Edwin Thomas Booth was born November 13, 1833 – died June 7, 1893.  Booth was a famous 19th century American actor. He was born near Bel Air, Maryland into the British-American theatrical Booth family. Some theatre historians call him the greatest American actor and Hamlet of the 19th century. In his early appearances he usually performed alongside his father, making his stage debut as Tressel in Richard III in Boston in 1849. Two years later, Edwin had his first starring role, standing in for his supposedly ailing father as Richard. After his father’s death in 1852, Booth went on a worldwide tour, visiting Australia and Hawaii, and finally gaining acclaim of his own during an engagement in Sacramento, California in 1856. Before his brother murdered the president, Edwin had appeared with his two brothers John Wilkes and Junius Brutus Booth Jr. in Julius Caesar in 1864. John Wilkes played Marc Antony, Edwin played Brutus, and Junius played Cassius. It was a benefit show and the first and last time that the brothers would appear together on the same stage. From 1863 to 1867, Booth managed the Winter Garden Theater in New York City, mostly staging Shakespearean tragedies. In 1865, Booth purchased the Walnut Street Theatre in Philadelphia. After Lincoln’s assassination in April 1865, the infamy associated with the Booth name forced Booth to abandon the stage for many months, a period dramatized in the 1955 Richard Burton movie Prince of Players, which was adapted from the biography of the same name by Eleanor Ruggles. He made his return to the stage at the Winter Garden in January 1866, playing the lead in Hamlet. Hamlet would eventually become Booth’s signature role. In 1867, a fire damaged the Winter Garden Theatre, resulting in the building’s subsequent demolition. Booth then built the Booth Theatre (completed in 1869) and continued a renowned acting career. The panic of 1873 caused the bankruptcy of the Booth Theatre in 1874. After the bankruptcy, Booth went on another worldwide tour, eventually regaining his fortune. Booth was married to Mary Devlin from 1860 to 1863, the year of her death. He later remarried, wedding Mary McVicker in 1869, and becoming a widower again in 1881. In 1869, Edwin acquired his brother John’s body after repeatedly writing to the president begging for it. The president finally released the remains, and Edwin had them buried, unmarked, in the family plot at Green Mount Cemetery near Baltimore. In 1888 Booth founded the Players in New York, a club for actors and others associated with the arts, and dedicated his home to it. His final performance was, fittingly, in his signature role of Hamlet, in 1891 at the Brooklyn Academy. He died in 1893 at the Players, and was buried at Mount Auburn Cemetery next to his first wife, in Cambridge, Massachusetts.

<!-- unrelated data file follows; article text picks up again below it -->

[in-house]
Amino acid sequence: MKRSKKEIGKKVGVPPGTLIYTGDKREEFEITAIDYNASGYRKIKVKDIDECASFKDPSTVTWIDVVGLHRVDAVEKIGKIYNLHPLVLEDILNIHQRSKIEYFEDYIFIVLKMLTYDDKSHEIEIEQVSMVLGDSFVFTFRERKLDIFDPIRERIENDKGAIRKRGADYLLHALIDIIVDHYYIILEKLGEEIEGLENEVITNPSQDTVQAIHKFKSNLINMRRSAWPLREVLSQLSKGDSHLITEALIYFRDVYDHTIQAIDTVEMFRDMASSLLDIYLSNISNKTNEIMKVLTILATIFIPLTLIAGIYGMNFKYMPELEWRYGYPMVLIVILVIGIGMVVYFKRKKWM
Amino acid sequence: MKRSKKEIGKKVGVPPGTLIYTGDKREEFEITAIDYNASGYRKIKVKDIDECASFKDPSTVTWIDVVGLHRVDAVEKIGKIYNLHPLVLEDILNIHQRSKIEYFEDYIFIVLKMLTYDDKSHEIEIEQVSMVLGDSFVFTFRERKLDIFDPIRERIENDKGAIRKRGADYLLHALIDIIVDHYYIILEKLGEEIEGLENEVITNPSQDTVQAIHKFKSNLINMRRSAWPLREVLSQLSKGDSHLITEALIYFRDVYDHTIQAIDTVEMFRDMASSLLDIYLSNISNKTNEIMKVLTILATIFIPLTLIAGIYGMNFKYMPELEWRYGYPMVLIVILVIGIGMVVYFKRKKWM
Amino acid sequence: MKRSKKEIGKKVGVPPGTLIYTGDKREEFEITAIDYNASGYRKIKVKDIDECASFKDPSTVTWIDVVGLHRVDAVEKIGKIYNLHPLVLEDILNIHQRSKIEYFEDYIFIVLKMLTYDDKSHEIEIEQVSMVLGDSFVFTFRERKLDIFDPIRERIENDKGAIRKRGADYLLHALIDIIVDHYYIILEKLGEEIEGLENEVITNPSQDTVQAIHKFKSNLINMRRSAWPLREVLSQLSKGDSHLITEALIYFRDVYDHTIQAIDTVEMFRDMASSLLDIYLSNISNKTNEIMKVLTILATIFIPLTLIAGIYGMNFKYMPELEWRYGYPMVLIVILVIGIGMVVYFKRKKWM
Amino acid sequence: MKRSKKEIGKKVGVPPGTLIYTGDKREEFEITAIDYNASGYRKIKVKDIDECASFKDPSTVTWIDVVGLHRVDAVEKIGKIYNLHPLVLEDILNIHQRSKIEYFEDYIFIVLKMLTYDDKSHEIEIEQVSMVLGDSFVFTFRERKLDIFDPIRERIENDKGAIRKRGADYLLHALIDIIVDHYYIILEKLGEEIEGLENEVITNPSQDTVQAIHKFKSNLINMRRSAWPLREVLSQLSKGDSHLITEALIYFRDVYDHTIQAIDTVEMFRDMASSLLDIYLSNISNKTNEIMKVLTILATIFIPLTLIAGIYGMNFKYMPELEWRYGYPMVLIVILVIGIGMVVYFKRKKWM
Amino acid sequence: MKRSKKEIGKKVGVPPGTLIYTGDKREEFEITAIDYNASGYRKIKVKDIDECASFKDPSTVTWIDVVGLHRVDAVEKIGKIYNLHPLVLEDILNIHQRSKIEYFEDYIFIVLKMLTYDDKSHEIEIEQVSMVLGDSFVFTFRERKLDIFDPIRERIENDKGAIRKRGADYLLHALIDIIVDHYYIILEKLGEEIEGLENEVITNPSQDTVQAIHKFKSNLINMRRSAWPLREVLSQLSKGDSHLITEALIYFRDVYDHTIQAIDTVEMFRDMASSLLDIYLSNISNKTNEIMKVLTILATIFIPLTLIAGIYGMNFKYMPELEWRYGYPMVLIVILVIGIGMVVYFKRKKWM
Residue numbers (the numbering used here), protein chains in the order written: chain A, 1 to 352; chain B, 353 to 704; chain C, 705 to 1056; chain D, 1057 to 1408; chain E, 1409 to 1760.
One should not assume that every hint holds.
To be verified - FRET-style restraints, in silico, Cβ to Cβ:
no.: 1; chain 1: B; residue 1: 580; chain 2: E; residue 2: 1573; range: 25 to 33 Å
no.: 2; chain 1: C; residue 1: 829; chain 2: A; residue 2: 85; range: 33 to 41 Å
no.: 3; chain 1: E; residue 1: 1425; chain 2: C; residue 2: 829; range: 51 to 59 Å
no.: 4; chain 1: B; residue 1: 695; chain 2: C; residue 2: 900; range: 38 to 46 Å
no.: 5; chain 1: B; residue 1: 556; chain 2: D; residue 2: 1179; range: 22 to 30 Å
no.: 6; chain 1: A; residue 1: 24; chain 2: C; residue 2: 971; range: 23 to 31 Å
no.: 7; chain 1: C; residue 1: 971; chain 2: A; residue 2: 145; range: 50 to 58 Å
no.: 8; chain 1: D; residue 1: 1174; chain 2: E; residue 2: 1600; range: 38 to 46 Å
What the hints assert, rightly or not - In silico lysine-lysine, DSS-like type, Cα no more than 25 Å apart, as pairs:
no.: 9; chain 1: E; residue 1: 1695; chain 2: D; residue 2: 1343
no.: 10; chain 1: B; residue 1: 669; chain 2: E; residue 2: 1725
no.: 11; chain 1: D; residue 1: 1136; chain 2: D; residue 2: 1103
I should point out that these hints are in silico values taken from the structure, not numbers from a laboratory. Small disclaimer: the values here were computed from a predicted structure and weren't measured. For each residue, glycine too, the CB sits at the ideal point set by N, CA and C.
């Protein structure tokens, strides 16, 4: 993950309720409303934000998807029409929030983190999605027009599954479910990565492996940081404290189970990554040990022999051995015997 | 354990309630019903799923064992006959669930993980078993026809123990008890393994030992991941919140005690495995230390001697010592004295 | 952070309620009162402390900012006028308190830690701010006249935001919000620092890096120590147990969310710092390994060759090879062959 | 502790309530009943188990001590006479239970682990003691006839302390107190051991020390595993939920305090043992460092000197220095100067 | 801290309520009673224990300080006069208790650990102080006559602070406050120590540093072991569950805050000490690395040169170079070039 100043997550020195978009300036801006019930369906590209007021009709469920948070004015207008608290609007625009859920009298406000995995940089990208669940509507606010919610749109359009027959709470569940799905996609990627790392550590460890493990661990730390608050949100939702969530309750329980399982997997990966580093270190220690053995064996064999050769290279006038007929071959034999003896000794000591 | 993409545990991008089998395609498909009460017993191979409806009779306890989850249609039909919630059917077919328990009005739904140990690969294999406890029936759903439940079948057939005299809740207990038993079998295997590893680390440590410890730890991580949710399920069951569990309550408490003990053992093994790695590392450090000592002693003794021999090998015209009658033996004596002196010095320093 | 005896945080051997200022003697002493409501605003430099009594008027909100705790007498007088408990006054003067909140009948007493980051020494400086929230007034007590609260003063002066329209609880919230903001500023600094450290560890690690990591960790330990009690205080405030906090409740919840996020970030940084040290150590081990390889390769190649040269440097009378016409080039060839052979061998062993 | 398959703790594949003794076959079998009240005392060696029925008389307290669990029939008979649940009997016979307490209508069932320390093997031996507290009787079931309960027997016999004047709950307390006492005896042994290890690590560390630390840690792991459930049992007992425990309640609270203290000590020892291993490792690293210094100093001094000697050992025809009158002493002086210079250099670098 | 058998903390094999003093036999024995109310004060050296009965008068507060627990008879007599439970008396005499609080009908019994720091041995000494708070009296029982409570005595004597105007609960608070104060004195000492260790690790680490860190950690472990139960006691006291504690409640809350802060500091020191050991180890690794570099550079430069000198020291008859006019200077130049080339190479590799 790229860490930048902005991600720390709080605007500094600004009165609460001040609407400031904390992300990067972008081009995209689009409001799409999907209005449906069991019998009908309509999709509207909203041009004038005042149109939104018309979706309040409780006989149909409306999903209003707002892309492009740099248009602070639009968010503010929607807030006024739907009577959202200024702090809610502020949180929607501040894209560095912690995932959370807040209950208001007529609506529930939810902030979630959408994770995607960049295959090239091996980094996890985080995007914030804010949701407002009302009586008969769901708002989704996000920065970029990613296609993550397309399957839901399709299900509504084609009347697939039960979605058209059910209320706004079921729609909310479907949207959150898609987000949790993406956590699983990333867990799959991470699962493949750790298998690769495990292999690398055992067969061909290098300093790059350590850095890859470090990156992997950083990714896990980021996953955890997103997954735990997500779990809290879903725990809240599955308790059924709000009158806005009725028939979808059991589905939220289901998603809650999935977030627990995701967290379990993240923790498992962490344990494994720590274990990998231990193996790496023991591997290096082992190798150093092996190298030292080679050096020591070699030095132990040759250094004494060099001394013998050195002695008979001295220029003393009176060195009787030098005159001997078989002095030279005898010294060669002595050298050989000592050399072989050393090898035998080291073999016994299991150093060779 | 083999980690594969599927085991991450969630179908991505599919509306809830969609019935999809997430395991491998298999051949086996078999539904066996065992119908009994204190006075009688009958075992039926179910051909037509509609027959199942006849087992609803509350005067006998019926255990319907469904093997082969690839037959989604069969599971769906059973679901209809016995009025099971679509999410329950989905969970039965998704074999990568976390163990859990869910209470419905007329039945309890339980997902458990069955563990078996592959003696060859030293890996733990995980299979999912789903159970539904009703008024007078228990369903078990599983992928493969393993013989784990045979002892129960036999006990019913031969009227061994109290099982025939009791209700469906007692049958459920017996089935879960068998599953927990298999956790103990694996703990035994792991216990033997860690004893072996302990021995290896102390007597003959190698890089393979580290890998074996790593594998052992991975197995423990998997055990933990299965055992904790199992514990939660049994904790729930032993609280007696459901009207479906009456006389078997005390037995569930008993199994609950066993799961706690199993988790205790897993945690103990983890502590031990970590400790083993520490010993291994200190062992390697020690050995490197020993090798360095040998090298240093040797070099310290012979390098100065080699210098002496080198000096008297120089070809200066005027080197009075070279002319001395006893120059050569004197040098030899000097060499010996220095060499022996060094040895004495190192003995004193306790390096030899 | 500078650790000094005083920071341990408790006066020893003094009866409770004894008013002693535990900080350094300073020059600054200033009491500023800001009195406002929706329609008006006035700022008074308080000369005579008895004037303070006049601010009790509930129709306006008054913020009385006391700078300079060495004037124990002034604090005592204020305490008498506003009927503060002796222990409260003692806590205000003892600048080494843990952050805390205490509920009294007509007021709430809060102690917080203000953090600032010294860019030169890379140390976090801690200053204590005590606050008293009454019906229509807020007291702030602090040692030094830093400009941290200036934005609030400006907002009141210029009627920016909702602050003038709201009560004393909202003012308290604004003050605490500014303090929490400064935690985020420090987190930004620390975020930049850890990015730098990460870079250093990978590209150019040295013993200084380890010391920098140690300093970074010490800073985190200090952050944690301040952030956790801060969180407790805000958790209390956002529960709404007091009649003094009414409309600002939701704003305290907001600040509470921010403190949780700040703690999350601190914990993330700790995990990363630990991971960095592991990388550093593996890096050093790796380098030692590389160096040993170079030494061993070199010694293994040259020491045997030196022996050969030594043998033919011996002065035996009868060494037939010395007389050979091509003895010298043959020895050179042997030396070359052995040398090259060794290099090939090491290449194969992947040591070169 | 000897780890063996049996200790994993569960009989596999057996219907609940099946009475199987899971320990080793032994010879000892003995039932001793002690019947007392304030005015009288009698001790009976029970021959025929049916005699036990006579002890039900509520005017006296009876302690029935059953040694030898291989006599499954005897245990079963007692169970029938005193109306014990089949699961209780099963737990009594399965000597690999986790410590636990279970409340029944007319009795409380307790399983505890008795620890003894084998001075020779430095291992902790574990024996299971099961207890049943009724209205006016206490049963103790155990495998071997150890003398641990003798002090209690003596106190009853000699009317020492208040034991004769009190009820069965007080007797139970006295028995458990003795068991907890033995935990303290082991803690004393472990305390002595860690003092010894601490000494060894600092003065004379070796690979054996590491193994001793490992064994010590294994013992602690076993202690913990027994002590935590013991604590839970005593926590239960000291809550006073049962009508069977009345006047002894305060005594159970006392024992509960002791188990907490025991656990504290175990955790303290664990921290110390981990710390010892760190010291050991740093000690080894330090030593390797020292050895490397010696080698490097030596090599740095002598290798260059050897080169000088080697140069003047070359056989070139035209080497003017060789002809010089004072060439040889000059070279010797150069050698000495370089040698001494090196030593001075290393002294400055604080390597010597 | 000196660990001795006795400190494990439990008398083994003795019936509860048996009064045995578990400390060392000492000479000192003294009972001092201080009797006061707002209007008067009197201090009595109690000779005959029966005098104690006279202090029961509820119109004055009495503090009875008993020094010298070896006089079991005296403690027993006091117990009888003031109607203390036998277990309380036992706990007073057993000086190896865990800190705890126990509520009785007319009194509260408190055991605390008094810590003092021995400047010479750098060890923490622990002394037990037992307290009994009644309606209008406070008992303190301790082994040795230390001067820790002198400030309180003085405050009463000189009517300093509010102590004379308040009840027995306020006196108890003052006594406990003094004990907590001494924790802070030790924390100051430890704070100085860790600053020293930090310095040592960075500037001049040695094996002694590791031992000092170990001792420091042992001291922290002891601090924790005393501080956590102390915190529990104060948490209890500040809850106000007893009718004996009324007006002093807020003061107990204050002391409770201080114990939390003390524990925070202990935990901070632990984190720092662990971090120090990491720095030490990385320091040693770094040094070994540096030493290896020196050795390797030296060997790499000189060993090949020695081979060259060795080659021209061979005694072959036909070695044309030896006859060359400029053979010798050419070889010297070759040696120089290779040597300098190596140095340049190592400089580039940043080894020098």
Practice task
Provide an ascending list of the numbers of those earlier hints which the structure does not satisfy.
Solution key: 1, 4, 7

Original Edwin Booth Autograph, Signed on Cut Paper. Written on Paper: Edwin Booth and what looks like Mar ’82. Regular Price – $ 600.00 / Sale Price – $ 399.00.

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